Timothy P. White, chancellor of the California State University (CSU), announced Wednesday that the CSU will commit an additional $50 million to advance student achievement and bolster degree completion.
The announcement was the cornerstone of White’s inaugural State of the CSU address, which was delivered before a crowd of about 200 staff, faculty, students and guests at a regular meeting of the Board of Trustees at the Chancellor’s Office in Long Beach.
According to White, $50 million will be used to expand and enhance existing strategies that support student success. The seven priority investment areas include:
- hiring more tenure-track faculty;
- enhancing student advising;
- increasing the number of online and concurrent enrollment classes, expanding the application of technology and scaling the instructional practices that reduce the course bottlenecks that hinder students from earning degrees in a timely manner;
- expanding the Early Start Program and other measures that ensure college readiness among first-time freshmen;
- expanding data collection and data-driven decision making;
- improving access and increasing degree completion among community college transfer students;
- and expanding high-impact practices that support persistence to degree such as undergraduate participation in applied research, service learning, internships and study abroad.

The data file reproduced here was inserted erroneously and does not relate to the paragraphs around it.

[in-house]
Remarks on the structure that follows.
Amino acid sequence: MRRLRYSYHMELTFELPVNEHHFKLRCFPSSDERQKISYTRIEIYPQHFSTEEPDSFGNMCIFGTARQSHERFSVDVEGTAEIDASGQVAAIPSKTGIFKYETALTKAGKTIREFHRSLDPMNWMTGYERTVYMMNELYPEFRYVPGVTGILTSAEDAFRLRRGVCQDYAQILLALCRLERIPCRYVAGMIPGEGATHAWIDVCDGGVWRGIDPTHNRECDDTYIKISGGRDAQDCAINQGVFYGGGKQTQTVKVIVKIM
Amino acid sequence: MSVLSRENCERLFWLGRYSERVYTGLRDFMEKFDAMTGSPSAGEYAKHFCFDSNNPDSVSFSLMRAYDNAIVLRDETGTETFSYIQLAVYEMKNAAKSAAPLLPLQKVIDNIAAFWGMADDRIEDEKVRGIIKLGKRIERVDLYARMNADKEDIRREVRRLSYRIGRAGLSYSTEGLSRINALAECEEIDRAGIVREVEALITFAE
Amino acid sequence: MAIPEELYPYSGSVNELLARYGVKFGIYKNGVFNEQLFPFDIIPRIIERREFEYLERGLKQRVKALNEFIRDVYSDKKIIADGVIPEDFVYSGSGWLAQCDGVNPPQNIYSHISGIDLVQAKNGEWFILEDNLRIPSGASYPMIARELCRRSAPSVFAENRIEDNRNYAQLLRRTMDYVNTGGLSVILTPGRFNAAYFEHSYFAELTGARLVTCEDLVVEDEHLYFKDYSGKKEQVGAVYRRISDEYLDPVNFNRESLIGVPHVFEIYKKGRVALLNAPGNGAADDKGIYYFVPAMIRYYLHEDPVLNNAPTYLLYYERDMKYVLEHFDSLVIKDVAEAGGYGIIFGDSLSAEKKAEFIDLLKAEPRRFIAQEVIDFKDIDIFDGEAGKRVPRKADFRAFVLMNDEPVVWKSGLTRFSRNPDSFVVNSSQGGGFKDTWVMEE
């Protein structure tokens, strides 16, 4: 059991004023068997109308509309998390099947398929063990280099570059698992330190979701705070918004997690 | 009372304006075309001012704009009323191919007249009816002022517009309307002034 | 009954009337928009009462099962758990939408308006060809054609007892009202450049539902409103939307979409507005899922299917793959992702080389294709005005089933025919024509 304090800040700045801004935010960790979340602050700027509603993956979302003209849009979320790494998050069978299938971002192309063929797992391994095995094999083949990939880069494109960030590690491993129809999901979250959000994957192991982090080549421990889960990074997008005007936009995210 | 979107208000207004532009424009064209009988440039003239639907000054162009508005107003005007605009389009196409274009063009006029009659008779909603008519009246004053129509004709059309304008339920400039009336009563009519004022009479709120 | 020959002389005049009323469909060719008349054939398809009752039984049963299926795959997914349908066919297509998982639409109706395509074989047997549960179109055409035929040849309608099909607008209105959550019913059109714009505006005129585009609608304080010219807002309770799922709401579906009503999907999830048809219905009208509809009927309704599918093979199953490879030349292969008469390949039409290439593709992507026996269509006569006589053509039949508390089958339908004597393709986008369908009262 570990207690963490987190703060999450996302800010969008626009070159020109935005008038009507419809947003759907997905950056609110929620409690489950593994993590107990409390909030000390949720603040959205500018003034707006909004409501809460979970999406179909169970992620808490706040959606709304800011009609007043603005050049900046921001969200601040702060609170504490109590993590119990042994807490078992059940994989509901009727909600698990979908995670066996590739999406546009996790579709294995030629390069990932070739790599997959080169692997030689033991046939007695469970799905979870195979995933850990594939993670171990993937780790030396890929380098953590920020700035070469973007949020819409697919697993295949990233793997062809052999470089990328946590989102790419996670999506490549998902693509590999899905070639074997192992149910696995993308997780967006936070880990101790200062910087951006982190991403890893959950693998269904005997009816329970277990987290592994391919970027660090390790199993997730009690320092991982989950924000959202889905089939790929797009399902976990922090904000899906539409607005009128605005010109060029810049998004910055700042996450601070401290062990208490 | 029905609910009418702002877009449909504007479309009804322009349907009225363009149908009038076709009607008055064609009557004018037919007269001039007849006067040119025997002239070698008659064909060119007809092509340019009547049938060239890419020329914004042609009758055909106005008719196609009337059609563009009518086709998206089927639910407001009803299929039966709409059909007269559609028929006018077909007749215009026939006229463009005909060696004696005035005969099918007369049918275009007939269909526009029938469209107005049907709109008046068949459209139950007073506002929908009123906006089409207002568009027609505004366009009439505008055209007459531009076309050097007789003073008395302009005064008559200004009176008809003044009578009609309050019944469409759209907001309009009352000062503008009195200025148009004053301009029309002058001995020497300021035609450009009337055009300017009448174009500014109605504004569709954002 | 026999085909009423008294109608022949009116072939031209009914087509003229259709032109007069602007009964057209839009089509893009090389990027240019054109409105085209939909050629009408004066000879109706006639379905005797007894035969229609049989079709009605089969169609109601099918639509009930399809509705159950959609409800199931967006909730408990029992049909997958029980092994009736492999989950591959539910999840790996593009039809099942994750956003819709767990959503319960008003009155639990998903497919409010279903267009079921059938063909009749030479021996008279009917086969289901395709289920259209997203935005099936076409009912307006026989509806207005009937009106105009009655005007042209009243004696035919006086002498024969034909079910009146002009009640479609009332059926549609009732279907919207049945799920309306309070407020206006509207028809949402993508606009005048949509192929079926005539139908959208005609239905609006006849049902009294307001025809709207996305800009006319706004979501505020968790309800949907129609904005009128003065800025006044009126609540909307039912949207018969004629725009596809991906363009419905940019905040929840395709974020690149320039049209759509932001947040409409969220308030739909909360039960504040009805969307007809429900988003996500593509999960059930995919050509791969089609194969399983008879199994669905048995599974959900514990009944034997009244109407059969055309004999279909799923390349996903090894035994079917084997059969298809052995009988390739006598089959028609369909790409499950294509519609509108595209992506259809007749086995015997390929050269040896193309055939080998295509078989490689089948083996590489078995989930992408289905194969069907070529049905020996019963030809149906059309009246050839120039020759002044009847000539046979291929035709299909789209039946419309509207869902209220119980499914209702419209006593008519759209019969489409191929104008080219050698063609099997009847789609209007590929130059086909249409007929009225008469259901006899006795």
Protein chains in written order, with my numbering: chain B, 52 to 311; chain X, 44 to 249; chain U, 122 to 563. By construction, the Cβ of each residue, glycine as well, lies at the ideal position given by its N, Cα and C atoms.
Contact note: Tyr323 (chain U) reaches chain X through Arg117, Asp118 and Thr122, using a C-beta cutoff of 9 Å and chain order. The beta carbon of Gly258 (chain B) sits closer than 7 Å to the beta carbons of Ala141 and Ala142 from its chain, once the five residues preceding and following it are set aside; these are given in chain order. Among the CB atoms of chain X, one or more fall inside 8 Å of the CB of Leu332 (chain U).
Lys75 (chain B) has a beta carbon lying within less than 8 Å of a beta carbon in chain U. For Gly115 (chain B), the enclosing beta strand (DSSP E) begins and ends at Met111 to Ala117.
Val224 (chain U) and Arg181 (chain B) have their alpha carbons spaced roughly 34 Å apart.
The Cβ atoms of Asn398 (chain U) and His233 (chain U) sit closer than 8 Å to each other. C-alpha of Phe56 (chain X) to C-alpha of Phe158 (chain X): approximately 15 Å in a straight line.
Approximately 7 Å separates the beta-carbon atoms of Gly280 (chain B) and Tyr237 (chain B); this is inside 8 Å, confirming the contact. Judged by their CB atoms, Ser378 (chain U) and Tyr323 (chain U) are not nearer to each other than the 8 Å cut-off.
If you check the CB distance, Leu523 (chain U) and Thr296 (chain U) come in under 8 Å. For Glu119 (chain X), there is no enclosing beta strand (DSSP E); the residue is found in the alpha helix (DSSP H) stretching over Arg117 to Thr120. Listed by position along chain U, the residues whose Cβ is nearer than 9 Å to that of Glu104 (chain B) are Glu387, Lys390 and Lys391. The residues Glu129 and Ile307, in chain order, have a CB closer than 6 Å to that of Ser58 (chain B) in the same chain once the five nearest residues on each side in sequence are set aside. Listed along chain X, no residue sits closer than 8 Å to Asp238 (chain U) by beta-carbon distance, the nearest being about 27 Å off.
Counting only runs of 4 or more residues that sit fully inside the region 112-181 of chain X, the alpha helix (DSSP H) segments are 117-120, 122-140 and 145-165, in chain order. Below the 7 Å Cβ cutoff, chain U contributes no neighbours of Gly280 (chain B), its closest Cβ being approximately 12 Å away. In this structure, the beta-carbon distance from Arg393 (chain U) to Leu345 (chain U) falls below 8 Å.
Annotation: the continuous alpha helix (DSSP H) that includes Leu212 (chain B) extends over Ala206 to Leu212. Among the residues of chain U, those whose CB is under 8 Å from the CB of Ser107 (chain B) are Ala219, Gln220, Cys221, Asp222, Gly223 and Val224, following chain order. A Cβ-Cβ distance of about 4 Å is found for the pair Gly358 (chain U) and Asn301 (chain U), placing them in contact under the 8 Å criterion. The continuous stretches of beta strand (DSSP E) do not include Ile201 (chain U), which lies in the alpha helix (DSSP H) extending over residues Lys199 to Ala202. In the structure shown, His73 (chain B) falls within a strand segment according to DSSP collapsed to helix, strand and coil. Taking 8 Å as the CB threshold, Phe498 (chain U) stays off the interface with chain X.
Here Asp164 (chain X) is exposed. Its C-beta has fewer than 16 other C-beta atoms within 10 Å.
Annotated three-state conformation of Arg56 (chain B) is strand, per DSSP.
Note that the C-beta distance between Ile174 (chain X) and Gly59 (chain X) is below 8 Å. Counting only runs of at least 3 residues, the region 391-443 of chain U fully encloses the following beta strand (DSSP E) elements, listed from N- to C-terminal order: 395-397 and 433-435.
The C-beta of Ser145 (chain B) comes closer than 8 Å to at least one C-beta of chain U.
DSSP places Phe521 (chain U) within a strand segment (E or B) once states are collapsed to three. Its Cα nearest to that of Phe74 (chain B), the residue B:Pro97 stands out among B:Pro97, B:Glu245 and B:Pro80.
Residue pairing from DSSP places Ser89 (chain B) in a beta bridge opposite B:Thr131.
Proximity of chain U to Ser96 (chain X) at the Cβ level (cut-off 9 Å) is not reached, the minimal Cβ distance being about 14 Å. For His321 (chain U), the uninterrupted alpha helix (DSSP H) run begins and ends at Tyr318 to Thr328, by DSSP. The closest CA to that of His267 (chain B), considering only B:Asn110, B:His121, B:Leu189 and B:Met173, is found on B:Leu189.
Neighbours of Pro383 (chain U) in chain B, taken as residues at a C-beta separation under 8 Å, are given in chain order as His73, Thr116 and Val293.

White kicked off the State of the CSU address by talking about the system’s mission, punctuating his remarks with observations from his first year of service in which he visited all 23 campuses.
“I now know enough about us to report that the state of the California State University is strong, proud and aspirational. What we do is simply remarkable – and California needs more of it,” White said. “Our state needs one million more college graduates by 2025 to enable the health of the economy. This need is enormous, and we must intensify our efforts to do our part to meet that need.”
With the CSU awarding about half of the state’s baccalaureate degrees and 35 percent of the master’s degrees, he said, “our top priority must be to firm up our fiscal and policy commitments to access, persistence to degree and degree completion – to improve the educational experience and degree attainment for all students, and to enable students to earn a high-quality degree in a shorter amount of time.”
“The vision for the CSU gives consideration to the enormous potential of our campuses, the workforce needs of our state, and the demographic characteristics of our current and future students,” White explained. “Achieving our ambitious goals will require a solid and sustained commitment of the people of the CSU – and it will also require investment by our public and private partners across California. But, it will be done with our eyes on the collective goal: a strong, successful, and prosperous future – for our students, our communities, our state, and our nation.”
(Photo: Chancellor Timothy White during his visit to Cal Poly Pomona last fall.)